Stephen Harper poses for a photo with Toronto Mayor Rob Ford at Toronto Police Service Division 43 on July 24, 2012.
Credits: REUTERS/Fred Thornhill
TORONTO -- They met in the shadow of a Scarborough bloodbath that left two innocents dead and 23 wounded.
And, when the private meeting on gun violence with Prime Minister Stephen Harper was over, Mayor Rob Ford claimed it was just the start to ensure Toronto has tools to "prevent gang violence and protect the public from criminals."
Ford didn't speak with reporters following Tuesday's meeting at 43 Division, but later issued a statement heralding the gathering as "very productive."
Ford and Harper were joined at the meeting by federal Finance Minister Jim Flaherty, Councillor Doug Ford and Councillor Paul Ainslie.
At an announcement in Oshawa later in the day, Harper said they talked about tackling gun crime.
"We obviously discussed the recent events and our continued and, I think, joint determination -- and one shared by the province -- to tackle gun crime directly," Harper said.
"I certainly encouraged the city and the province to continue to work together. We have been working together on enforcement measures, we've also been working together at trying to make sure we can make some of these gun penalties stick before the courts," he said.
"We discussed a range of enforcement measures, a range also of the criminal justice measures that are before Parliament and the necessity of making those stick.
"I made some specific suggestions to the mayor as he did to me, and we're both going to look into some additional measures we can also take," he added.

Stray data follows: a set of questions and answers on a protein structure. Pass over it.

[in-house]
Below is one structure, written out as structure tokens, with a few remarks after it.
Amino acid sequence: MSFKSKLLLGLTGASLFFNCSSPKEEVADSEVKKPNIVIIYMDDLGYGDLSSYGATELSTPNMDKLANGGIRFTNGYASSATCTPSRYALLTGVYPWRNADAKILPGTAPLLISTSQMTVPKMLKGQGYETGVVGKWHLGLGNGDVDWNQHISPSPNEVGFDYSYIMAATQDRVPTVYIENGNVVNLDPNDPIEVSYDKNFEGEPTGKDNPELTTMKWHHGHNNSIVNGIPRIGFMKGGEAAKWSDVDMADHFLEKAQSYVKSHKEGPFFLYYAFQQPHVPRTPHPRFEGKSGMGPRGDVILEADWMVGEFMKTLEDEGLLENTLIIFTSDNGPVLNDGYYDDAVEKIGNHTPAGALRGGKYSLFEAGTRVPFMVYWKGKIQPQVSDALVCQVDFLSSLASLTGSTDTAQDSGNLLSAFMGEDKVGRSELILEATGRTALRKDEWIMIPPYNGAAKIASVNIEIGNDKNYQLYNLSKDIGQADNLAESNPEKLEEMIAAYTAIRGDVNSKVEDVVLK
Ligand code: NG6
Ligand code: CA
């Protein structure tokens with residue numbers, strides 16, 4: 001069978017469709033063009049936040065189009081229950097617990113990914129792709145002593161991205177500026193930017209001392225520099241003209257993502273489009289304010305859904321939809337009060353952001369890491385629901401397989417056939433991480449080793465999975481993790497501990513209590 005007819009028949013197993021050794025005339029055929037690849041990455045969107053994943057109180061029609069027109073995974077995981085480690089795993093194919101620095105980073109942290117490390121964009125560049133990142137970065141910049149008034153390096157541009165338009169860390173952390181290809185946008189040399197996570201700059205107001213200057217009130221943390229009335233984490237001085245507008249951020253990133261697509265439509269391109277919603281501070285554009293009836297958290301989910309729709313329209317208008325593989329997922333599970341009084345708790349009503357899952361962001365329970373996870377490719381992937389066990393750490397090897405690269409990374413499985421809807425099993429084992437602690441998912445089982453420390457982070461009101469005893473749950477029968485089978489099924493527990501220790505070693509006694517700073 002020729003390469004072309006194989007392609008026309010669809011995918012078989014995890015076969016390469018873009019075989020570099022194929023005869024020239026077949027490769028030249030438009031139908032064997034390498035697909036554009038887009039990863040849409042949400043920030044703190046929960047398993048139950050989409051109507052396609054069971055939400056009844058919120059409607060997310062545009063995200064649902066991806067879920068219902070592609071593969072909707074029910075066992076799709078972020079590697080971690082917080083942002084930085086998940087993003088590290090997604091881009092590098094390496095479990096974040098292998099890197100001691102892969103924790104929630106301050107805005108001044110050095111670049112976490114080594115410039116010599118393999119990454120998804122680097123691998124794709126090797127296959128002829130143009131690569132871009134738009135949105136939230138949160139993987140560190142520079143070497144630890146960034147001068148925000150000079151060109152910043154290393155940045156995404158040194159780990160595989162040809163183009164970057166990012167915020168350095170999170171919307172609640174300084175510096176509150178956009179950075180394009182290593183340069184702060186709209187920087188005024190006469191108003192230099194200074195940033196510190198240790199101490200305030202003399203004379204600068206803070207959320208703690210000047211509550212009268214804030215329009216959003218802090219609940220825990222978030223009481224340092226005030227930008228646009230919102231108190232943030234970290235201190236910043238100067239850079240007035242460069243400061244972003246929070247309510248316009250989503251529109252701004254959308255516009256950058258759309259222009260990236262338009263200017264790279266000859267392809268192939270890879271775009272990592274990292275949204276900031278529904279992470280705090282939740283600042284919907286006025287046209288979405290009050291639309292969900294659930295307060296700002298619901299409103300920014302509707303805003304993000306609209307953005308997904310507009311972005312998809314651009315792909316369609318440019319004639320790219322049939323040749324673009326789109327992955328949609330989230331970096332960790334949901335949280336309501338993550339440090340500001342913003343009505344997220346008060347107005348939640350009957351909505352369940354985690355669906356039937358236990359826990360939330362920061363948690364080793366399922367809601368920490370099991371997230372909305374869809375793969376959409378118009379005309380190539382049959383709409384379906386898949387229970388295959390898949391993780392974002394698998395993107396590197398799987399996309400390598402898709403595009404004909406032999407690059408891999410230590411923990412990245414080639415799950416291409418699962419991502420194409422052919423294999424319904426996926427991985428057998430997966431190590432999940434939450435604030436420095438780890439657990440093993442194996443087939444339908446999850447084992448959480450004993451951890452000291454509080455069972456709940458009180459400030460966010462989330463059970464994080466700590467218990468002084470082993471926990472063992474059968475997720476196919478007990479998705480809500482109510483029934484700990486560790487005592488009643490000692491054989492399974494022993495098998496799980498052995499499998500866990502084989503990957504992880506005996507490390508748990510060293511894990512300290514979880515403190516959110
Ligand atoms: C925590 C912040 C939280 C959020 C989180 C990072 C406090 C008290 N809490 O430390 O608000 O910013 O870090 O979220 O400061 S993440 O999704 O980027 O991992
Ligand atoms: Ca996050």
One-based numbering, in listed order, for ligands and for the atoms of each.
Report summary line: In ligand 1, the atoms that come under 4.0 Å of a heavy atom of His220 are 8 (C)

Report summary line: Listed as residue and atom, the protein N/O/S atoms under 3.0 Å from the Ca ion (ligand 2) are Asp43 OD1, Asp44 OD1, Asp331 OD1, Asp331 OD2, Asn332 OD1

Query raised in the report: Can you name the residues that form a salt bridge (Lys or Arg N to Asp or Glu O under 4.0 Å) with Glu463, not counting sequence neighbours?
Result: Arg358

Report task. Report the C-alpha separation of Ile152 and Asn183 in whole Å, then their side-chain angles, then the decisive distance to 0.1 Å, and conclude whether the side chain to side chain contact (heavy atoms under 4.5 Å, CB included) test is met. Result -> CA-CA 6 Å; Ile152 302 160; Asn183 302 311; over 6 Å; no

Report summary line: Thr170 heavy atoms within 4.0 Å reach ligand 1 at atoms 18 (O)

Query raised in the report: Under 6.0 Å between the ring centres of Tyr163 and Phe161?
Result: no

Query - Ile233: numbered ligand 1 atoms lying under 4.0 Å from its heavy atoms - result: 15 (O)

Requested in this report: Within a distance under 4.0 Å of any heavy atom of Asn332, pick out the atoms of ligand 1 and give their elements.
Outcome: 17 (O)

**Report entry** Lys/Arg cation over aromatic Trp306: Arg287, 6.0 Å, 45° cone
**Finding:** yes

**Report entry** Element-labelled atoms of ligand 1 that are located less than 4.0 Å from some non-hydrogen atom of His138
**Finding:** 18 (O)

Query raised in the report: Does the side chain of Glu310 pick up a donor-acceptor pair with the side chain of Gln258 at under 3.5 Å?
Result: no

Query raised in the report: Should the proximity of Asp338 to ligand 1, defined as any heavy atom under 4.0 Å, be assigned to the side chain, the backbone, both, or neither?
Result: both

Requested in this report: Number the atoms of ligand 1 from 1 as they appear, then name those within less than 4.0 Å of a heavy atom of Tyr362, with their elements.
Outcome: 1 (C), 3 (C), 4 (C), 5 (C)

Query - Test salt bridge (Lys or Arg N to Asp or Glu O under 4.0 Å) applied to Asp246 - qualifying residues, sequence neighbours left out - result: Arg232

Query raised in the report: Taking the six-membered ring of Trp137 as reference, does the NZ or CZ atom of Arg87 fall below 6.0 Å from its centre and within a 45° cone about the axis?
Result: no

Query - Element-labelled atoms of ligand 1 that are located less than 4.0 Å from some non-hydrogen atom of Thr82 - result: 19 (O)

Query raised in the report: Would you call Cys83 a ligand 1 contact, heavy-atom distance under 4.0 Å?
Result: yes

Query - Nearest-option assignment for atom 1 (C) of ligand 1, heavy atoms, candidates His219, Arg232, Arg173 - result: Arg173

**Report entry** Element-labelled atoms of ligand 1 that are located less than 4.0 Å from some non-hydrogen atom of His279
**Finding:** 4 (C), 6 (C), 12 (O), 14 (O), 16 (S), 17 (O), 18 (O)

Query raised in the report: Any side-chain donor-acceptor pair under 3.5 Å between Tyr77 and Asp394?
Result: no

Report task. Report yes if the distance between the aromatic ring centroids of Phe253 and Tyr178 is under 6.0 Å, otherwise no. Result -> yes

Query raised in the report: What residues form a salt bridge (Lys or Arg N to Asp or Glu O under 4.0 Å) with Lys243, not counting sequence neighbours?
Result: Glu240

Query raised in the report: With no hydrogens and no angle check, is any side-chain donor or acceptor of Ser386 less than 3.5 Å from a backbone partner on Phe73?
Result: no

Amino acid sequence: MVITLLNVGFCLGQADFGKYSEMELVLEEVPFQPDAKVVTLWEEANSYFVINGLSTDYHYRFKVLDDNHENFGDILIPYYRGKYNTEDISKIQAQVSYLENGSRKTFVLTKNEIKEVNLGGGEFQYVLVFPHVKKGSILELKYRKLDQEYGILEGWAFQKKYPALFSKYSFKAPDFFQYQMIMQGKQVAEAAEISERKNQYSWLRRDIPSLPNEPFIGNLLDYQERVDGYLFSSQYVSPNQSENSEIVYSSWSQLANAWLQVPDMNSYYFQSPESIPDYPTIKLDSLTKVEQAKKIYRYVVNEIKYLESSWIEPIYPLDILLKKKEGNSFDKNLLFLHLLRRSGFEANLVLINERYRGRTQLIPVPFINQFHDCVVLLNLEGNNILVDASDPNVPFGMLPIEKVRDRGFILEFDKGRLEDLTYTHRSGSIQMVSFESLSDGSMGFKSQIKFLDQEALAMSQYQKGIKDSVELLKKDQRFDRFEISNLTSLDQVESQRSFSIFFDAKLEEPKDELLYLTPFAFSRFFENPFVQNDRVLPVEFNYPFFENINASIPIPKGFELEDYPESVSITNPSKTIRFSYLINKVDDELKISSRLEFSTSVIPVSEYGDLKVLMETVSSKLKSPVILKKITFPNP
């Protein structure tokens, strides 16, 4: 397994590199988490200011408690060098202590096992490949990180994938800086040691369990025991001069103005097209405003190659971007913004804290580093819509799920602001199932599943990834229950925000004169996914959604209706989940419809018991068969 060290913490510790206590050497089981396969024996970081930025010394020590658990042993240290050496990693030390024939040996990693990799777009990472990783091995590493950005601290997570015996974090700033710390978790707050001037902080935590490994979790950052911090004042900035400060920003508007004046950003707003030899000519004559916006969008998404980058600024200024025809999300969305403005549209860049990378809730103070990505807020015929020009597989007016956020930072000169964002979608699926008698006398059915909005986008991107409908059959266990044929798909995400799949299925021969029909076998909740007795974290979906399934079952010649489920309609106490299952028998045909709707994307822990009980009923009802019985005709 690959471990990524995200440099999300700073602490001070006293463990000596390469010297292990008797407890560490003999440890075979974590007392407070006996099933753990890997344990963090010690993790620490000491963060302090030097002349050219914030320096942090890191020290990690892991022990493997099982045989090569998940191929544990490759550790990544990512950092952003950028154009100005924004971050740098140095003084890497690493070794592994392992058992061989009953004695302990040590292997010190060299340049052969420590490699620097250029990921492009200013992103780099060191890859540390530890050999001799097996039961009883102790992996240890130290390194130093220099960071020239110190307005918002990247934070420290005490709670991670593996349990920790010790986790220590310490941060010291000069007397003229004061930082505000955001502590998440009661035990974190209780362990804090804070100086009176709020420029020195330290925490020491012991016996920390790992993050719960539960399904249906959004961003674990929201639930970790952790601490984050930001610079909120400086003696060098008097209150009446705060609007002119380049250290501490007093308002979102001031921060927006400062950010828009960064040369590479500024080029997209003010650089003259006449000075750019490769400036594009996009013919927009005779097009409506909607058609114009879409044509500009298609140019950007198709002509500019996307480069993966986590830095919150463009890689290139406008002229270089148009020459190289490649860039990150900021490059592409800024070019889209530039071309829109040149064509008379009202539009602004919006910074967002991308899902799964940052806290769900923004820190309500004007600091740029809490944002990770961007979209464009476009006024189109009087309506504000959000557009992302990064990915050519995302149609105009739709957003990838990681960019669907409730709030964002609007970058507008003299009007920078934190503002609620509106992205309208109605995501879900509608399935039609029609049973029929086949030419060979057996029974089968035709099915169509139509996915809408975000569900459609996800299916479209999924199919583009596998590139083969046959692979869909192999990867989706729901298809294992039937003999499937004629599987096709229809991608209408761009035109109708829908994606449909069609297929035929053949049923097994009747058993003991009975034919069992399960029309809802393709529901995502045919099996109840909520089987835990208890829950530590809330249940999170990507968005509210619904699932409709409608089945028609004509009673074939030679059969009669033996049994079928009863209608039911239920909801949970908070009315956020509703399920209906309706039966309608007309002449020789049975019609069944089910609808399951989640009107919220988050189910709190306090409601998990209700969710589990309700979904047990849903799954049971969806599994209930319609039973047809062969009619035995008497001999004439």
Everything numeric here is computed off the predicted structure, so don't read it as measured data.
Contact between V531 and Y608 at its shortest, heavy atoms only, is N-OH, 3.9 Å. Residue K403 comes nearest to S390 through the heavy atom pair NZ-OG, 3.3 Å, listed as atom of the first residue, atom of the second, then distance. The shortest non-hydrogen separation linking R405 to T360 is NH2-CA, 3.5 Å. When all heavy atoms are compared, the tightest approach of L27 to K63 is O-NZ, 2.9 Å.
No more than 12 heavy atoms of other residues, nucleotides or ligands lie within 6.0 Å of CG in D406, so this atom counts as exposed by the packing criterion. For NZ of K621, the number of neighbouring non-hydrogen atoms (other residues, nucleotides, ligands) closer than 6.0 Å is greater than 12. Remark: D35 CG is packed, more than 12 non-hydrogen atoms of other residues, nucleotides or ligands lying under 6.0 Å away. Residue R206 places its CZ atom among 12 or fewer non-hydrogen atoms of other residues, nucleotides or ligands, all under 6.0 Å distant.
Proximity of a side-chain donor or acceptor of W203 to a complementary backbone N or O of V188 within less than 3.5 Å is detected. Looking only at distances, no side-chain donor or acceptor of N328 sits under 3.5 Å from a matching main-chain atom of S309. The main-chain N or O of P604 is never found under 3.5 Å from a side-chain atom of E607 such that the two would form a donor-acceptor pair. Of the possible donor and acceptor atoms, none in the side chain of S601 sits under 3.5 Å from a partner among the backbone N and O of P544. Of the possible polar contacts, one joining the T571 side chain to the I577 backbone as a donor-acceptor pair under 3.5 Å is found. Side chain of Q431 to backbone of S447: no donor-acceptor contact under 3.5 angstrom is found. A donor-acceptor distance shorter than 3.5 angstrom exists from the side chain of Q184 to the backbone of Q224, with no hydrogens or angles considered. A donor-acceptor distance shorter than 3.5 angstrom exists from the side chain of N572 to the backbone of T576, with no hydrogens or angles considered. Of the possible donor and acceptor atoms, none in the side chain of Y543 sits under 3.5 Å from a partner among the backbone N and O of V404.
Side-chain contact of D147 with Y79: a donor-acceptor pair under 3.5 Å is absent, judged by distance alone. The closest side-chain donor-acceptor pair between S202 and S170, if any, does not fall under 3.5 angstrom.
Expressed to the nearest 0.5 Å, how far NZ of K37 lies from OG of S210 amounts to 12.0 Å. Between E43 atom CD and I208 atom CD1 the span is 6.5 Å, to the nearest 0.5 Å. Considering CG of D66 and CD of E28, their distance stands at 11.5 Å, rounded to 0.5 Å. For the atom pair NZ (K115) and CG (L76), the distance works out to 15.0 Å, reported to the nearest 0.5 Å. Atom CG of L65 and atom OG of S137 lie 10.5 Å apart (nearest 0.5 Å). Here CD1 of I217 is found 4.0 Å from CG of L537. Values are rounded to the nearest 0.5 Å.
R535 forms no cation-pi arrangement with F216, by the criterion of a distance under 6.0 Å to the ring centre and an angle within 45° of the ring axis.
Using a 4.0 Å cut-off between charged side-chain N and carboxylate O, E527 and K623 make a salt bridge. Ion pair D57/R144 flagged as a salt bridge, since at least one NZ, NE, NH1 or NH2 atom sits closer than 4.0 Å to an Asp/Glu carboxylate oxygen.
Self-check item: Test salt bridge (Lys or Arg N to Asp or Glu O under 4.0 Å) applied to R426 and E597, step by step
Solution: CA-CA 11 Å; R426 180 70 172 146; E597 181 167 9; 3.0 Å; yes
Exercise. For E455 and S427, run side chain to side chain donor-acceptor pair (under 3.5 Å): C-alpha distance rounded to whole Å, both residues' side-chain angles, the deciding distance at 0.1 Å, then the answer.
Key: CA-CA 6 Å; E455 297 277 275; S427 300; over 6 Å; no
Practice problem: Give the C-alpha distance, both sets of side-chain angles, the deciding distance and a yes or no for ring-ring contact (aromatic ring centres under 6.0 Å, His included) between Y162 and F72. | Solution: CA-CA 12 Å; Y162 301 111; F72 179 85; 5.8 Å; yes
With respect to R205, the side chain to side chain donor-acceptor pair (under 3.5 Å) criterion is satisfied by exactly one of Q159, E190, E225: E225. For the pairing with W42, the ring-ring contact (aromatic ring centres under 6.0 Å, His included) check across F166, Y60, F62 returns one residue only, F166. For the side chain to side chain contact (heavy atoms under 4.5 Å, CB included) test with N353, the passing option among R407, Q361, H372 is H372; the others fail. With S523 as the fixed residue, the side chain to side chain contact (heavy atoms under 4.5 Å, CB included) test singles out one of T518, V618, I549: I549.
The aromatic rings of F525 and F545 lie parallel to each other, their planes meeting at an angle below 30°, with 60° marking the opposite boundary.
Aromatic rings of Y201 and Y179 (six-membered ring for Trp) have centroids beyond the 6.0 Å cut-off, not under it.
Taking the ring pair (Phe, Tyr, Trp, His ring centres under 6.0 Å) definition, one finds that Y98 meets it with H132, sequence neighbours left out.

Harper touted the federal Conservatives' push for tougher penalties for gun offences.
"I think these events in Toronto underscore why these penalties are essential, why it is essential to have tough and certain penalties for gun crime," he said. "I certainly call on the courts to take these penalties seriously; this is not a theoretical problem."
Ford sped away from the meeting in his SUV shortly after Harper's motorcade left. Hours after the meeting, the mayor's office released a statement from Ford saying the two "agreed to continue working together to do everything we can to better protect our community.
"We shared a number of ideas that will be followed up in the next weeks and months," Ford stated. "This is the beginning of ongoing work to make sure we have the tools in place to better prevent gang violence and protect the public from criminals."
The meeting came a day after Ford met with Premier Dalton McGuinty and Toronto Police Chief Bill Blair to discuss gun violence in the wake of last week's mass shooting on Danzig St. in Scarborough.
Councillor Adam Vaughan said Ford's meetings on gun violence with other levels of government have yet to produce anything tangible.
"The only good thing about them is ... I think the mayor has learned his opinion has been muted," Vaughan said. "Whoever got to him and told him to stop talking about this has probably done more good than harm.
"As for the mayor, I think he's walked his way out, if not talked his way out, of this conversation and it is up to council to figure out a solution," he added.